Using a calloc rather than malloc to allocate the space for the incoming heartbeat data based on the SSL3 length field and then storing the payload_length size chunk in it (after checking payload_length<=SSL3_record.length) should have avoided the problem, I would think. Of course calloc could be a touch more costly than malloc, but in the context of security (or indeed delays in the network) I would think this hardly figures in the grand scheme of things.
Just my tuppence
Nah, not OZ, Fourecks, more likely
Still, no worries, she'll be right!
Next look out for a rock in the shape of the Counterweight Continent.
Re: Of course its true!
As far as I understand it, if I develop a piece of code which infringes patents (as Google allegedly has), I do not necessarily require a licensing agreement. If I sell a product with such software on board, I certainly do. This might be the reason MS is not going after Google (or maybe there are secret agreements, where's me tinfoil hat!!)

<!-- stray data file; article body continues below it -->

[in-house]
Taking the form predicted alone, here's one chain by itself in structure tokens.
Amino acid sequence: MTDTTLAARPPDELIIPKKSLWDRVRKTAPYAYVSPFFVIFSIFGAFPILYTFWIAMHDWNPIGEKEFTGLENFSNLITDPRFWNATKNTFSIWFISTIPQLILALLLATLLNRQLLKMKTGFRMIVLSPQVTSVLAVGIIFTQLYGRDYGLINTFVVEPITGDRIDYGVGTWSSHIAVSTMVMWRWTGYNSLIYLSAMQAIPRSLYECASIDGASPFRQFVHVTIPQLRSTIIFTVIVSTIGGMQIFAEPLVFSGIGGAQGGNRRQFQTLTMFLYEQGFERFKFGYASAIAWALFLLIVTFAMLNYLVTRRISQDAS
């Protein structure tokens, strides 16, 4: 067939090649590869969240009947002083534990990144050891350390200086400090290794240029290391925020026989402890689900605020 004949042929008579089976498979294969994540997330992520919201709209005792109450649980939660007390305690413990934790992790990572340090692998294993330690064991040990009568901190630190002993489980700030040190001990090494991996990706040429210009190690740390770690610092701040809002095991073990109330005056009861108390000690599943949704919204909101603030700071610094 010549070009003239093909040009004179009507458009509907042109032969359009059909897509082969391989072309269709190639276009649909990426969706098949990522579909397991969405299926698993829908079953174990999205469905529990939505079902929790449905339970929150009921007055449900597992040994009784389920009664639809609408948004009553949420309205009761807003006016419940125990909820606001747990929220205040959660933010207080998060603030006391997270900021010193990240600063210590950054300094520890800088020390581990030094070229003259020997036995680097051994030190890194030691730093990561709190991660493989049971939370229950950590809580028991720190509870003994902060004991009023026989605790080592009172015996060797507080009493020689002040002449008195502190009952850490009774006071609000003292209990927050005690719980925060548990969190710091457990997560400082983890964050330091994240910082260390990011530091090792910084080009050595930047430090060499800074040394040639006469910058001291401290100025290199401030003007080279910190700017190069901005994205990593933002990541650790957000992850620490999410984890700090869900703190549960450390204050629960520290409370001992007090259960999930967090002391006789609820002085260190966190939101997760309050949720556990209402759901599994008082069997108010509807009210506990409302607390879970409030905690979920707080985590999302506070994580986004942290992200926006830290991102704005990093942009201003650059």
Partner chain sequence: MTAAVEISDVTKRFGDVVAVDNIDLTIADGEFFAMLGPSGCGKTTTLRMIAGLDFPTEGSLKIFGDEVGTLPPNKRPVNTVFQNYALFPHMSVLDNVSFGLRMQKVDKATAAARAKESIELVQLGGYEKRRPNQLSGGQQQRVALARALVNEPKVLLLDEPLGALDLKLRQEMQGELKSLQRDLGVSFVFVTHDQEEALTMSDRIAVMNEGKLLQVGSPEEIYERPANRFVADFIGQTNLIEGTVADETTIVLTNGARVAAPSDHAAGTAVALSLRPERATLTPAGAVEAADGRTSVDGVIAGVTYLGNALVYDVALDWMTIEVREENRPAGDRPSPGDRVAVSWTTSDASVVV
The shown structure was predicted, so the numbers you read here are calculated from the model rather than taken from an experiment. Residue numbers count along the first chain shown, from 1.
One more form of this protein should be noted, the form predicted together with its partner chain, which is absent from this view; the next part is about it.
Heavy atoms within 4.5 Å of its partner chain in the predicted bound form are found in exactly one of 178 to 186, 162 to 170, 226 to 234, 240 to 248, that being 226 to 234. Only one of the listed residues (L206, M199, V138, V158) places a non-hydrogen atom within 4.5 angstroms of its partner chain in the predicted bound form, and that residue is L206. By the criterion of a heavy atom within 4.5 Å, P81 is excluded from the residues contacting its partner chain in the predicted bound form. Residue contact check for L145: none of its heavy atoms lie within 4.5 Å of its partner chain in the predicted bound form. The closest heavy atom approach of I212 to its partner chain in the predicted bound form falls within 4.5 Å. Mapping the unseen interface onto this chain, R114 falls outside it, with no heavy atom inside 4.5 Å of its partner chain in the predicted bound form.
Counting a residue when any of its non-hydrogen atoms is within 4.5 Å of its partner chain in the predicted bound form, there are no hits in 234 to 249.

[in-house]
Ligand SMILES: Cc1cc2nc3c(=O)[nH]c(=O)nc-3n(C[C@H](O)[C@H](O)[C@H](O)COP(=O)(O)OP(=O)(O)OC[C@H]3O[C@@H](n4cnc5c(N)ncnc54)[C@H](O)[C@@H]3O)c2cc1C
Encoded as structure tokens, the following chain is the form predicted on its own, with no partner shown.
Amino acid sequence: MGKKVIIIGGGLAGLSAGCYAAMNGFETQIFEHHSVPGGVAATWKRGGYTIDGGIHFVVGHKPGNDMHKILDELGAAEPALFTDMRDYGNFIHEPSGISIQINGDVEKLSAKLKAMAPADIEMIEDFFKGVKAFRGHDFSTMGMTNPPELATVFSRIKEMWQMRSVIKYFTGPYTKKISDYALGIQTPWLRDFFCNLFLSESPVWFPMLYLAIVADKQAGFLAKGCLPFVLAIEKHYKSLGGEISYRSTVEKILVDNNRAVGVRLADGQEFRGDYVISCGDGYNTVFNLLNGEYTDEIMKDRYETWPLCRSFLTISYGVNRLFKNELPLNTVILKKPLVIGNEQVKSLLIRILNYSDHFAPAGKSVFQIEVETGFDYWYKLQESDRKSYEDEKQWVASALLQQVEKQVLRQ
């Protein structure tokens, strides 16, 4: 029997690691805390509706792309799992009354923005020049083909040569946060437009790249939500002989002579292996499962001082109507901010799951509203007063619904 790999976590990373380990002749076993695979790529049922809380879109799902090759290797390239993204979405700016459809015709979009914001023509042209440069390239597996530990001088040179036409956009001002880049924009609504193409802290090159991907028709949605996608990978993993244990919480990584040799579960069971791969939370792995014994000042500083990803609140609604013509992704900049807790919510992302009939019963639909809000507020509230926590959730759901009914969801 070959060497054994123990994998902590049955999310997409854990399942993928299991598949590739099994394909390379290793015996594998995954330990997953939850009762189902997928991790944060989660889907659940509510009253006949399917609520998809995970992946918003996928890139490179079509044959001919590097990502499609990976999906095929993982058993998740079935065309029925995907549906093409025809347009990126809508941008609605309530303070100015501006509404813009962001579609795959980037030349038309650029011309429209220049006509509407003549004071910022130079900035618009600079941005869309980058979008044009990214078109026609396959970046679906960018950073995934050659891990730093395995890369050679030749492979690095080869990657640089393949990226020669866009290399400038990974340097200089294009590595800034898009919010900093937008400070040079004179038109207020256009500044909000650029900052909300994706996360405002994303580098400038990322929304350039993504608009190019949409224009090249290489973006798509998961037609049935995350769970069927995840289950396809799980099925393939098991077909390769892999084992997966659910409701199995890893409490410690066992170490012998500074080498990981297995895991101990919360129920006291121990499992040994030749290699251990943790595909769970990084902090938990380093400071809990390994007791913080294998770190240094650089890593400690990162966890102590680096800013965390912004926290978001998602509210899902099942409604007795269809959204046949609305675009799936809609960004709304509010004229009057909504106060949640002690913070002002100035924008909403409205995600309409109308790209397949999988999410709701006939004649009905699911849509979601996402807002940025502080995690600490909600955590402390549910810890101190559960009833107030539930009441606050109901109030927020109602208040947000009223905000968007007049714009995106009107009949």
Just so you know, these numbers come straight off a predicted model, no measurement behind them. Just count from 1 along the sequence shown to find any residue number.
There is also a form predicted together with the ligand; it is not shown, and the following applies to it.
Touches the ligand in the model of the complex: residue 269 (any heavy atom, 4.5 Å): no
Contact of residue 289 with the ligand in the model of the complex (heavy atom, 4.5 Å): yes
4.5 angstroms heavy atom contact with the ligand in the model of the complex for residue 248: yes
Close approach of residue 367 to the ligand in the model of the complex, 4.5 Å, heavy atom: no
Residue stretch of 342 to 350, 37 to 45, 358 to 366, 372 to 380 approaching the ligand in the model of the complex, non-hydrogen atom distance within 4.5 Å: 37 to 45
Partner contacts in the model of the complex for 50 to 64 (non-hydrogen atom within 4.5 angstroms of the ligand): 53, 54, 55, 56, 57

Re: I don't know...
This could provide a cheap way for students to learn MPI computing, although you can run MPI on a shared-memory architecture (but without same the penalty of communication overhead as in clusters). Using a "nano-cluster" like this you can have student mess about without interfering with the workloads of the big "production" clusters of the university, or, as the students see it, without production work interfering with their projects.
Too expensive for me, alas. I will just retain the fond memories of being allowed to stay up late as a seven-year old to see men step out onto the moon on a little black and white TV. Greatest event in my life until then.
Every single boy at school wanted to become an astronaut that day.
Good to hear the European Court make such a sensible decision